There are two types of founder entrepreneurs: boldly confident founders who know they are destined to do great things, and incredibly self aware founders who know that the challenges of starting a business are bigger than any one person. Think of those two profiles as the poles in either direction and you have a million shades in between.
Whatever shade of entrepreneur you are, you care about how much emphasis early stage investors place on your abilities versus how much they place on the quality of your ideas. If you are a self assured entrepreneur, you probably hope investors believe in you and your vision. You want investors to bet on the jockey. If you are less self confident, you probably hope investors will look at the merits of your idea and give you money. You want them to bet on the horse.
So, which is it? Do investors bet on the jockey or the horse?
Right off the bat, let me dispel a myth I see too many entrepreneurs holding on to: investors are not rational actors. No one is. We are all human — emotional, fearful, superstitious, desperate, ambitious, and a million other things. And that applies to the wealthiest billionaire VC in the valley, too.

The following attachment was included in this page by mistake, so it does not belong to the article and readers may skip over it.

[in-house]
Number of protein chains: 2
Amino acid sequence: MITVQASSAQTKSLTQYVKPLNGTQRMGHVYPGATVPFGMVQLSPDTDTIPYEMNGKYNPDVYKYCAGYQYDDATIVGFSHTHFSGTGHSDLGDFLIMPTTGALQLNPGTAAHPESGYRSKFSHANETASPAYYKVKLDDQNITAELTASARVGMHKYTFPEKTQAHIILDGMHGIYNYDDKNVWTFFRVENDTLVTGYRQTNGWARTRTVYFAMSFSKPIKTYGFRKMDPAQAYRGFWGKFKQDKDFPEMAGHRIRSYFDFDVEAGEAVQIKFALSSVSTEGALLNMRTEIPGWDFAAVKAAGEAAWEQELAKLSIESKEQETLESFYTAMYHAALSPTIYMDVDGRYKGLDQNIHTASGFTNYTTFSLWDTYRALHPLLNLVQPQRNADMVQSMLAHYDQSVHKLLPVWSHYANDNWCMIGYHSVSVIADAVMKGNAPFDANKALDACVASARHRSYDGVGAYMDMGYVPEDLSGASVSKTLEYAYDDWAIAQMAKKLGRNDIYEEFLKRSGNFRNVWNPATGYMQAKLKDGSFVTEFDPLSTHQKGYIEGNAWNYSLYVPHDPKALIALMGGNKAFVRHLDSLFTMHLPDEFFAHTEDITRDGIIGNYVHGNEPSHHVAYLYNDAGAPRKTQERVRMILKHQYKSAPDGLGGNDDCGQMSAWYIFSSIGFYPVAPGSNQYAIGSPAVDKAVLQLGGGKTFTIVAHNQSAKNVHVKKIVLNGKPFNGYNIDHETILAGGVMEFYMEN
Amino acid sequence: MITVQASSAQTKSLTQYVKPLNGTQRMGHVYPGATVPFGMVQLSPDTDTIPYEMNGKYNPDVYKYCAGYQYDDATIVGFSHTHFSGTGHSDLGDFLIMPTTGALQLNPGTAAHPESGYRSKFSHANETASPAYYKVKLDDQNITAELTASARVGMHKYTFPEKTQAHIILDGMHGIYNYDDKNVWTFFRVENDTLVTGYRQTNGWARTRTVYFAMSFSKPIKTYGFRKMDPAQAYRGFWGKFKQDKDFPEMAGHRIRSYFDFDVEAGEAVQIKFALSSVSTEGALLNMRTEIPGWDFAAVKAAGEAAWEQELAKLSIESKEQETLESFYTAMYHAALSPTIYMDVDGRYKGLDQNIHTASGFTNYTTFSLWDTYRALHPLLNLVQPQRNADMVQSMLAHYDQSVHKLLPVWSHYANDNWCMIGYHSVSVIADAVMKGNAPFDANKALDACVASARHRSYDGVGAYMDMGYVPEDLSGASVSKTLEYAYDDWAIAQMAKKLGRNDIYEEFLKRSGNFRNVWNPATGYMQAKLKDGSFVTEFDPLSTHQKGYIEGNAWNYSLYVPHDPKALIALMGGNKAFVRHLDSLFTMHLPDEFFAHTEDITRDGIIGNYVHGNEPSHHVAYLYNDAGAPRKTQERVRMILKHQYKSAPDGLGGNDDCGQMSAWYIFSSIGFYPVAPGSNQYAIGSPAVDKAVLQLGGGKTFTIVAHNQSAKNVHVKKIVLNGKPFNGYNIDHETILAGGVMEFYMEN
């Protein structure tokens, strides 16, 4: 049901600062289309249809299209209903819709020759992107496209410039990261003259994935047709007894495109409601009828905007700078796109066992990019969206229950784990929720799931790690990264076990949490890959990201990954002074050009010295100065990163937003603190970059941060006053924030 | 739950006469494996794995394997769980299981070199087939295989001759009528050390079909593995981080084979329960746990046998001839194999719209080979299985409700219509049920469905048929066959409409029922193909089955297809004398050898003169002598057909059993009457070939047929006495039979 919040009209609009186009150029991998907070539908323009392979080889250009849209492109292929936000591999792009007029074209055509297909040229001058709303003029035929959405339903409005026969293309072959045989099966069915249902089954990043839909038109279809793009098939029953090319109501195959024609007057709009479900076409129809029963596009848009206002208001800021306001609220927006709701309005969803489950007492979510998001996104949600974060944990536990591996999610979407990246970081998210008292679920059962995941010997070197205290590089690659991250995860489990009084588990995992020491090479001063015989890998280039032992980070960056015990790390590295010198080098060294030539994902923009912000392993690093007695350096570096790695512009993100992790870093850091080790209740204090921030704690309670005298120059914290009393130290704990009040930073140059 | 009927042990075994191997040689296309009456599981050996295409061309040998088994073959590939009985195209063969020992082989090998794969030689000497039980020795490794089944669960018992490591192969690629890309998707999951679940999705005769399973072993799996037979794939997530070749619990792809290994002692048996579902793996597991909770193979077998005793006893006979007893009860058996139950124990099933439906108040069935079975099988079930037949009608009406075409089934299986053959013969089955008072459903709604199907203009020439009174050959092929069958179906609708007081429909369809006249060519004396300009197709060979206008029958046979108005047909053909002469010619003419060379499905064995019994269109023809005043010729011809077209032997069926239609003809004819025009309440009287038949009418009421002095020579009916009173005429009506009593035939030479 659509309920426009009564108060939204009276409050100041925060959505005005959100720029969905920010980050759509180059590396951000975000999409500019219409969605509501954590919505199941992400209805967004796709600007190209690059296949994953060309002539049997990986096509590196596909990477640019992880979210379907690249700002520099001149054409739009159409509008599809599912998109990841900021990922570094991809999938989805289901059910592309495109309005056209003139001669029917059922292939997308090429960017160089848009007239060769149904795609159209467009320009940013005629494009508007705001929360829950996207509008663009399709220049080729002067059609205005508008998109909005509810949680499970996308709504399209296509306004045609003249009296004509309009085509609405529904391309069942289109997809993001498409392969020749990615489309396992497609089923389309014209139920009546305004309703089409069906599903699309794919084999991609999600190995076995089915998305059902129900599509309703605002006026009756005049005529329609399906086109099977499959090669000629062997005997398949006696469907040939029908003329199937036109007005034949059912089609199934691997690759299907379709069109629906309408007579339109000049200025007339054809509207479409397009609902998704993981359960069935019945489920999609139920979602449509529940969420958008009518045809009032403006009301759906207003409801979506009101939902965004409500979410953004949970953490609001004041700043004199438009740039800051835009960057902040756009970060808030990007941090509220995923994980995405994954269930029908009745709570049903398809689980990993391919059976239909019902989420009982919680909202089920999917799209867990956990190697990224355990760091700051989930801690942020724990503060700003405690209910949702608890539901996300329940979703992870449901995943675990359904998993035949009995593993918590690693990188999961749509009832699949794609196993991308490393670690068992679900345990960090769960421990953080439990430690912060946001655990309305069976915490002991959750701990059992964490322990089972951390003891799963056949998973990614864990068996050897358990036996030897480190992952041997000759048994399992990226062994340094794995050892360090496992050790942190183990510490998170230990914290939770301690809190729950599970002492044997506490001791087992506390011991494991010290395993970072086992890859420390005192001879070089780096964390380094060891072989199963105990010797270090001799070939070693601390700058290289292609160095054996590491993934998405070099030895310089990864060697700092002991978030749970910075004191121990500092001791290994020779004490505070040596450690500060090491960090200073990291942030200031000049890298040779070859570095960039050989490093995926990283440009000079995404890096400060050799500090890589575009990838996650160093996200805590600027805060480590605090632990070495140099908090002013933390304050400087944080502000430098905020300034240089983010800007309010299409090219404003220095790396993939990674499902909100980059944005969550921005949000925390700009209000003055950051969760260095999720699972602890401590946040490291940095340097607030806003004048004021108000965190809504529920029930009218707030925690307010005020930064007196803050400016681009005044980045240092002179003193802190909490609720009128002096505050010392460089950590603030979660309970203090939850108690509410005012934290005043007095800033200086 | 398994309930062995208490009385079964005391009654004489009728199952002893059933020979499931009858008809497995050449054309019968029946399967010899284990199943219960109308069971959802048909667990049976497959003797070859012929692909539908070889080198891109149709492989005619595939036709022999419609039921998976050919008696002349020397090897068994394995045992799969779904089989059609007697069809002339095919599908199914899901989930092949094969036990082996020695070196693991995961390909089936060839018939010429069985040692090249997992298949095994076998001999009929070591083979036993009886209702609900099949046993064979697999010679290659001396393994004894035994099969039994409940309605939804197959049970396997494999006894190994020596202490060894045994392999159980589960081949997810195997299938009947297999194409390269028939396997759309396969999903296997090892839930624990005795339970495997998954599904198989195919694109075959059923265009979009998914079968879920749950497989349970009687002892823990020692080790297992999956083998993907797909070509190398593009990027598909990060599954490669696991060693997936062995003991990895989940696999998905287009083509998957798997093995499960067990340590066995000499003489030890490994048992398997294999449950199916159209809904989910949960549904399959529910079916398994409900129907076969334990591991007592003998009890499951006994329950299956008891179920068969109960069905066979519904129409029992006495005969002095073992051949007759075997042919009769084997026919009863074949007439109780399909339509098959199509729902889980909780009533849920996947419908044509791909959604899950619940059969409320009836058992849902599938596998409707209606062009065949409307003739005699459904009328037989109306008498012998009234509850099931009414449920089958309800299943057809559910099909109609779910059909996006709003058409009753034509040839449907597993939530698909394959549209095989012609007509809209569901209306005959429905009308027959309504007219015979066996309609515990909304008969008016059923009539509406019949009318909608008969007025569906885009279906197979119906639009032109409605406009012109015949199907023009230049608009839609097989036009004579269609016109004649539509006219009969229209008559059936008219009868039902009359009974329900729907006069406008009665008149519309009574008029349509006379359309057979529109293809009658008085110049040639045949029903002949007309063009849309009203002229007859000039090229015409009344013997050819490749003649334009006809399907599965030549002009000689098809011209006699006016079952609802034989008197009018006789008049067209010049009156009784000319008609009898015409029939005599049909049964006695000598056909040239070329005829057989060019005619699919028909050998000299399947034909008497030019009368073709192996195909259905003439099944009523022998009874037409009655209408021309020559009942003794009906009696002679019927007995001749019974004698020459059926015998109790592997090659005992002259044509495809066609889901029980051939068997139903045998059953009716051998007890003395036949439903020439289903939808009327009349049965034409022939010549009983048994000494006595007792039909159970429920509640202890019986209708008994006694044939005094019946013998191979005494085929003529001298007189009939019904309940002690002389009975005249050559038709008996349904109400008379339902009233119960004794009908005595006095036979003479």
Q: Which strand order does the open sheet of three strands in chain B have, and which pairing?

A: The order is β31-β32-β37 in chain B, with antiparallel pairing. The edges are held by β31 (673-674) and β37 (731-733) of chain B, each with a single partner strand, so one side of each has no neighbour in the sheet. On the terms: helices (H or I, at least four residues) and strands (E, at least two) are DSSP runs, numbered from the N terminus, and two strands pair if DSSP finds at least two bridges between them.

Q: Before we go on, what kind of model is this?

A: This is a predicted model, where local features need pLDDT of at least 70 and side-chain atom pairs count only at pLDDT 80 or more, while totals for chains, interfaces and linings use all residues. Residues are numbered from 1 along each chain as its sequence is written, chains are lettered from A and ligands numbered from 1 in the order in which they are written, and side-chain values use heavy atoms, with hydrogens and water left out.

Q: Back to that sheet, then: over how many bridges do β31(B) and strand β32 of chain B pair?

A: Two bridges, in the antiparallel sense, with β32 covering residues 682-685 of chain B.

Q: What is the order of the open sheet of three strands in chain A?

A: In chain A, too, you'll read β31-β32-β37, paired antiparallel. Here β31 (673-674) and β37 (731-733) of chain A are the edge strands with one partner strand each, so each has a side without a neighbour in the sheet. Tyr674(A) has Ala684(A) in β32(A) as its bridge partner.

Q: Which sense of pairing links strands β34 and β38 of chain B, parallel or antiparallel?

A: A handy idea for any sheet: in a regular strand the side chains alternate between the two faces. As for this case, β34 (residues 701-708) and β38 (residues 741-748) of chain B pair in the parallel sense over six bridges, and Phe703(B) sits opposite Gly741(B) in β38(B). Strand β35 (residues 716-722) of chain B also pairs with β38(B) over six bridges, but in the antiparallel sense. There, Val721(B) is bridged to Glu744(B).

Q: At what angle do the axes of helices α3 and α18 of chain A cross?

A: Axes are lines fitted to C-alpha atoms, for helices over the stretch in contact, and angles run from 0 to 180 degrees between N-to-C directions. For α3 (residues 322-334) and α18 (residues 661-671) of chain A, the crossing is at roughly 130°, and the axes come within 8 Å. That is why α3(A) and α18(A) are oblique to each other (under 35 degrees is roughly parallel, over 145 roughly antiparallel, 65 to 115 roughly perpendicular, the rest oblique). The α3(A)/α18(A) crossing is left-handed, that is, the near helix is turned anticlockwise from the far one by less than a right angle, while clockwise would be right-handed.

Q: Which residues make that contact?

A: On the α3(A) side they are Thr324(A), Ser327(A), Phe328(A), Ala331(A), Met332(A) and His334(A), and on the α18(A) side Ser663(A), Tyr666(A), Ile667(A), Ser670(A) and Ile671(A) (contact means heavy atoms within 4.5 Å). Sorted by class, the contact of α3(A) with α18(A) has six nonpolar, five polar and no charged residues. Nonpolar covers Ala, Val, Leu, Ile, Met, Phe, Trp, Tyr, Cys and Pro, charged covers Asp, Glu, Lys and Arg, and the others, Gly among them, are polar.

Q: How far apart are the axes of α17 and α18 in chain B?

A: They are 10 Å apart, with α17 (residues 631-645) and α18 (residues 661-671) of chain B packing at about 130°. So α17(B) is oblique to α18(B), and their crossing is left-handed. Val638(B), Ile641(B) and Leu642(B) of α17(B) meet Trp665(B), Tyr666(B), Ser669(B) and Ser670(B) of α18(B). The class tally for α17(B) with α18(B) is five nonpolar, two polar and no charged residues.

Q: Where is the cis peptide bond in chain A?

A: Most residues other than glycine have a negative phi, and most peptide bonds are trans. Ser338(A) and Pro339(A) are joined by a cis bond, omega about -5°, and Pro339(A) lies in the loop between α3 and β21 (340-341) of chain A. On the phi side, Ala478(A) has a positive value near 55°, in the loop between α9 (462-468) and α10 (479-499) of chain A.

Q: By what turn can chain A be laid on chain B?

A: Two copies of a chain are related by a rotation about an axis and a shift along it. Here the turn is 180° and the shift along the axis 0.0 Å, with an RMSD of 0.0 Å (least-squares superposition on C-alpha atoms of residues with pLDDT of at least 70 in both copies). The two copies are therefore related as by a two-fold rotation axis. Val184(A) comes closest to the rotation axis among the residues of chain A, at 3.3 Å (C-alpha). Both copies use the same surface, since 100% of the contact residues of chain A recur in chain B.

While we’re shattering fine china, let’s tackle another myth: there is no magic formula behind investing in early stage startups. Even the most successful VCs are buoyed by a couple of breakout successes that float their 99 other failures. Investors know this, though all of them try to develop some kind of guiding principles to inform their decisions.
Why do I address those issues? Because too many young entrepreneurs are told you must do this or you must do that to attract an investor, when in reality, very few rules apply universally. There are investors who are swayed by a passionate founder, and others who care only about the idea.
That said, most self respecting VCs will look at both aspects to make a decision. You and your idea will be put under the microscope. Here is what early stage investors will look for in both categories:
1 Trustworthiness. Investing in you is a huge risk, a roll of the dice. That said, even the most reckless gamblers aren’t looking to get hoodwinked. They want to work with reliable partners who exude integrity.
2. Vision: Your idea goes from good to great in the eyes of an investor when it’s more than just an opportunity, it is a vision for how the future can be. They want to invest in ideas that will change the world (or at least one industry).